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Moral Pluralism

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Introduction

Moral Pluralism Ralph M. Dahm SCI 361 - Environmental Issues and Ethics Dr. Theodore R. Ferguson April 16, 2005 Abstract Moral pluralism acknowledges the existence of opposing ideas and practices. Moral judgments are determined by using more than one criterion. The views of several moral ethicists are examined and considered. Topical examples are provided supporting both sides of moral pluralism as applied to environmental issues. Concerns for and affects on future generations are postulated. The view toward protecting the natural world by the public is visited. Do non-living elements of ecological systems have rights? A "prime directive" is suggested. This directive could be incorporated by the human species when interacting with the natural environment. Moral Pluralism Fournier (2005) defines moral pluralism as using more than one criterion to make moral judgments. Pluralism acknowledges the existence of opposing ideas and practices. This concept does not suggest they are equally valid. Pluralism reigns in the real-world. Humans think of the natural environment as something that exists for their benefit. Protection of the ecosystems frequently results only by regulation. Beatley (1994) embraces moral pluralism by suggesting that "no single paradigm is applicable in all circumstances". He suggests the moral approach to be applied is determined by the specific land-use situation. ...read more.

Middle

If the global economy grows by just 2 % per year, in a century it will have grown to 7 times its current size. This means prosperity is increasing worldwide. It is powered by its own momentum. Yet despite being materially better off, future generations may feel worse off due to the loss of a diverse natural environment. The cost of petroleum has risen dramatically. Yet demand for oil continues to rise. Global warming is increasing. Human population is spreading over greater areas of the planet. Pollution continues unabated in many geographic areas. Substantial ecological disruption will result. Numerous plant and animal species will be endangered. According to Leopold (1970) no ethic yet exists for dealing with the relationship between humans and the "land". By "land" Leopold means plants, animals, and ecological systems in general. The human species has a moral obligation to future generations to protect and cherish natural environments. This obligation extends to animals and plants. As the dominant species on Earth humans must assume this responsibility. Yet humans are selective in their moral choices. A report from the Associated Press describes how 4 injured pelicans were discovered in Huntington Beach, California. This incident occurred in early April, 2005. These were endangered brown pelicans. ...read more.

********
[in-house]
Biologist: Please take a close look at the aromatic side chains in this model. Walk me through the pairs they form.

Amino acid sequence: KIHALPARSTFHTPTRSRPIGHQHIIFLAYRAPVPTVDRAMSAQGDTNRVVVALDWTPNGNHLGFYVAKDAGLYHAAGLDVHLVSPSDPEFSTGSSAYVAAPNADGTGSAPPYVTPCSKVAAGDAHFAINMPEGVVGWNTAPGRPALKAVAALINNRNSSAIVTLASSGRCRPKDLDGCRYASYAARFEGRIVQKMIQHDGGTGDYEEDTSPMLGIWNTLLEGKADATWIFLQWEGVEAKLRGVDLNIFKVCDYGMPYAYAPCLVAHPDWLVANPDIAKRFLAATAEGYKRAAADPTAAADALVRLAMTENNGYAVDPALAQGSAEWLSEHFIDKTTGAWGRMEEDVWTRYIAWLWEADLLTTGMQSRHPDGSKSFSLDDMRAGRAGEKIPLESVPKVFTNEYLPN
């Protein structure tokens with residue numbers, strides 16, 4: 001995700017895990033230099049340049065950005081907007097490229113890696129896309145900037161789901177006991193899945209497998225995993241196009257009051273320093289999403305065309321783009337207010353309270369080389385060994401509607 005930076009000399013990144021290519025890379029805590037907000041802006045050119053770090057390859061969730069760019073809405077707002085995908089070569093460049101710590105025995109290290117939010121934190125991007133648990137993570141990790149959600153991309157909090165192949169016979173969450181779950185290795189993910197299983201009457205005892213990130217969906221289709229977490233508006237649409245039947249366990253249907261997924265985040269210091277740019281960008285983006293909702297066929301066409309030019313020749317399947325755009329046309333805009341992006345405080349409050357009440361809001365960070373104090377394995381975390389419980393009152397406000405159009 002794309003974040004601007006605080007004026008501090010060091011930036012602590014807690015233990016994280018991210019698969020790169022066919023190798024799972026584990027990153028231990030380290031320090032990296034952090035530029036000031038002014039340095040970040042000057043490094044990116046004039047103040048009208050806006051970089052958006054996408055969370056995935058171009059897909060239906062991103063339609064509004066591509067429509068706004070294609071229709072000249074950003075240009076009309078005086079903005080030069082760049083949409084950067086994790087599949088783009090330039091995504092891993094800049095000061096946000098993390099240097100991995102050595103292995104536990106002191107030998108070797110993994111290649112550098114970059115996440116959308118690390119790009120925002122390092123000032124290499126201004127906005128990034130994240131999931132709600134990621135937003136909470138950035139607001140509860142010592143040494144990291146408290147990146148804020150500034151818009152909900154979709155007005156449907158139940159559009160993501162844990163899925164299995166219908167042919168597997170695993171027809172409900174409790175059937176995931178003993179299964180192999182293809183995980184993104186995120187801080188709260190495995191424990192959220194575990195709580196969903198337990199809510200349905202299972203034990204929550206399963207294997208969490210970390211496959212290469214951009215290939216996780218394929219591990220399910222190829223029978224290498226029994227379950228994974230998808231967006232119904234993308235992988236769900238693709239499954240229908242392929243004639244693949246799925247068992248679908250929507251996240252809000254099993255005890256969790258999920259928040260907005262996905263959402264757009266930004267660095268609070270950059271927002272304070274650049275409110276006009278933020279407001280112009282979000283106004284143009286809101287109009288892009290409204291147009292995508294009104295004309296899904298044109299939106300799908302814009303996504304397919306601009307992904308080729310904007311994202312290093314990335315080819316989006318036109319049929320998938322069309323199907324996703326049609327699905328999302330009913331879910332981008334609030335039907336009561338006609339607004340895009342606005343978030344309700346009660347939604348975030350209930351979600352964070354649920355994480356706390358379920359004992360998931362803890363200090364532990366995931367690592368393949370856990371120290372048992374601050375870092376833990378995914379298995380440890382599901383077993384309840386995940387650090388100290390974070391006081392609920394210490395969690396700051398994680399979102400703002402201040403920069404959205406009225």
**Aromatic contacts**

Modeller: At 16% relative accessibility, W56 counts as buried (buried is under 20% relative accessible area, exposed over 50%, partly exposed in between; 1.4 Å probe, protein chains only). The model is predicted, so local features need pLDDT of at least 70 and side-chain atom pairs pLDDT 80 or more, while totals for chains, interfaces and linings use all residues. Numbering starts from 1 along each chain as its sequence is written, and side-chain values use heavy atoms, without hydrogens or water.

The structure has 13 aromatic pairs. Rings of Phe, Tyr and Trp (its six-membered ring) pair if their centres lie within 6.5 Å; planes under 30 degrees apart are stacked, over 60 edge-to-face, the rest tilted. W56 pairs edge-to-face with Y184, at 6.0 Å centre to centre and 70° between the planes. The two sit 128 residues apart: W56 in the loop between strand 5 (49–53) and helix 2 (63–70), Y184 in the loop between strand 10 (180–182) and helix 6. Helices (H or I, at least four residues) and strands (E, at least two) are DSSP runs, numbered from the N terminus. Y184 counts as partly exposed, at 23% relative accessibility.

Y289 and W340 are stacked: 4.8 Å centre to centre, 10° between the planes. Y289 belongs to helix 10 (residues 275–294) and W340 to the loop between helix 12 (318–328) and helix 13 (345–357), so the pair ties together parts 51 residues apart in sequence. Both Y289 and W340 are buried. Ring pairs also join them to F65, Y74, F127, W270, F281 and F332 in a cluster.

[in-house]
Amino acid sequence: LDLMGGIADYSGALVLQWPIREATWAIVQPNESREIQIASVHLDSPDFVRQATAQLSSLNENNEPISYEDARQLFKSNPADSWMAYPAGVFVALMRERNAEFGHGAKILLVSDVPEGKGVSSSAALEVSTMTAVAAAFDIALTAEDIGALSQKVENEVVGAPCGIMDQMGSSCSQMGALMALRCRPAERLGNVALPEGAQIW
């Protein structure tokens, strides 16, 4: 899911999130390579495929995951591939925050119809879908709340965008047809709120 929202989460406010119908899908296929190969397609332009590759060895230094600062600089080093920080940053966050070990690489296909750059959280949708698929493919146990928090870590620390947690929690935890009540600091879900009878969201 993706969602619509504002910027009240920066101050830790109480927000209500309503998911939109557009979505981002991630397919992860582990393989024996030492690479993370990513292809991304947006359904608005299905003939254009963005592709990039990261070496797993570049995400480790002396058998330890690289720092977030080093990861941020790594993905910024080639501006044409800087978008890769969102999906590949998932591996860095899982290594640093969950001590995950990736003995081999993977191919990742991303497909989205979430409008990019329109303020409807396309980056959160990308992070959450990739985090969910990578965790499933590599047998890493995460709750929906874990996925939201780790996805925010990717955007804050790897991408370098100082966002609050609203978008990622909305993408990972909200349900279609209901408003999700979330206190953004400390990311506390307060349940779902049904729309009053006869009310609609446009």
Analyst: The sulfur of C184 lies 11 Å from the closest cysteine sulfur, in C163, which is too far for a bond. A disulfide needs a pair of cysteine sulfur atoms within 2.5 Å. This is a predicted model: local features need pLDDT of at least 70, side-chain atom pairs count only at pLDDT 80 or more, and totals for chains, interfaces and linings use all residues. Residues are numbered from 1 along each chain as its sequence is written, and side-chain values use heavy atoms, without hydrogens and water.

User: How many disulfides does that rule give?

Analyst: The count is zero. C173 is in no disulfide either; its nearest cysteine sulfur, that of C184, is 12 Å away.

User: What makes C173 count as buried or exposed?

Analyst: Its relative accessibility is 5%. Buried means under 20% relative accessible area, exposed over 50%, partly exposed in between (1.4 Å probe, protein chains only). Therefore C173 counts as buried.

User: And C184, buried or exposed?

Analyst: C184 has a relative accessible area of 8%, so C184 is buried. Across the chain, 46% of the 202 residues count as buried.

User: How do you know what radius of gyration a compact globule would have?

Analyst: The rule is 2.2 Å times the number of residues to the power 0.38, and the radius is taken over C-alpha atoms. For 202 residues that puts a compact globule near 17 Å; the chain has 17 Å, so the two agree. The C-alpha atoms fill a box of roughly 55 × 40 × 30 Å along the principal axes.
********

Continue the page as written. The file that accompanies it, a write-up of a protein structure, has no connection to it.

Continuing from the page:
Conclusion

Every organism has innate goodness. They are worthy of our moral concern. Frequently human endeavors cause harm to ecological systems. It is inevitable due to the surging human population. Some species will be negatively impacted. Hopefully, through studied consideration the damage can be minimal. Humans are able to live in harmony with the natural environment with negligible damage to other species. The harm caused by those without moral values toward the environment can be mitigated. All living beings have moral standing. It could be argued that non-living elements of the environment have moral standing too. Even a rock or boulder has its place in ecological systems. Removing the rock because it is "in the way" removes a safe haven for small animals. Moving a boulder from a river so "it flows better" affects aquatic life dependent on the large rock for shelter. The point being every action causes a reaction. Sentient beings need to consider the consequences of their actions on the natural world. Ecosystems are constantly changing and evolving. This is a natural process. Humans need to recognize their actions have significant impact locally and possibly globally. Once the damage has been inflicted it may not be undone. Humans can no longer afford the luxury of moral pluralism. A consistent and thoughtful approach to the interaction of human activity with the natural environment must be the norm. A guiding principle dating back to Hippocrates is appropriate: "First, do no harm. ...read more.

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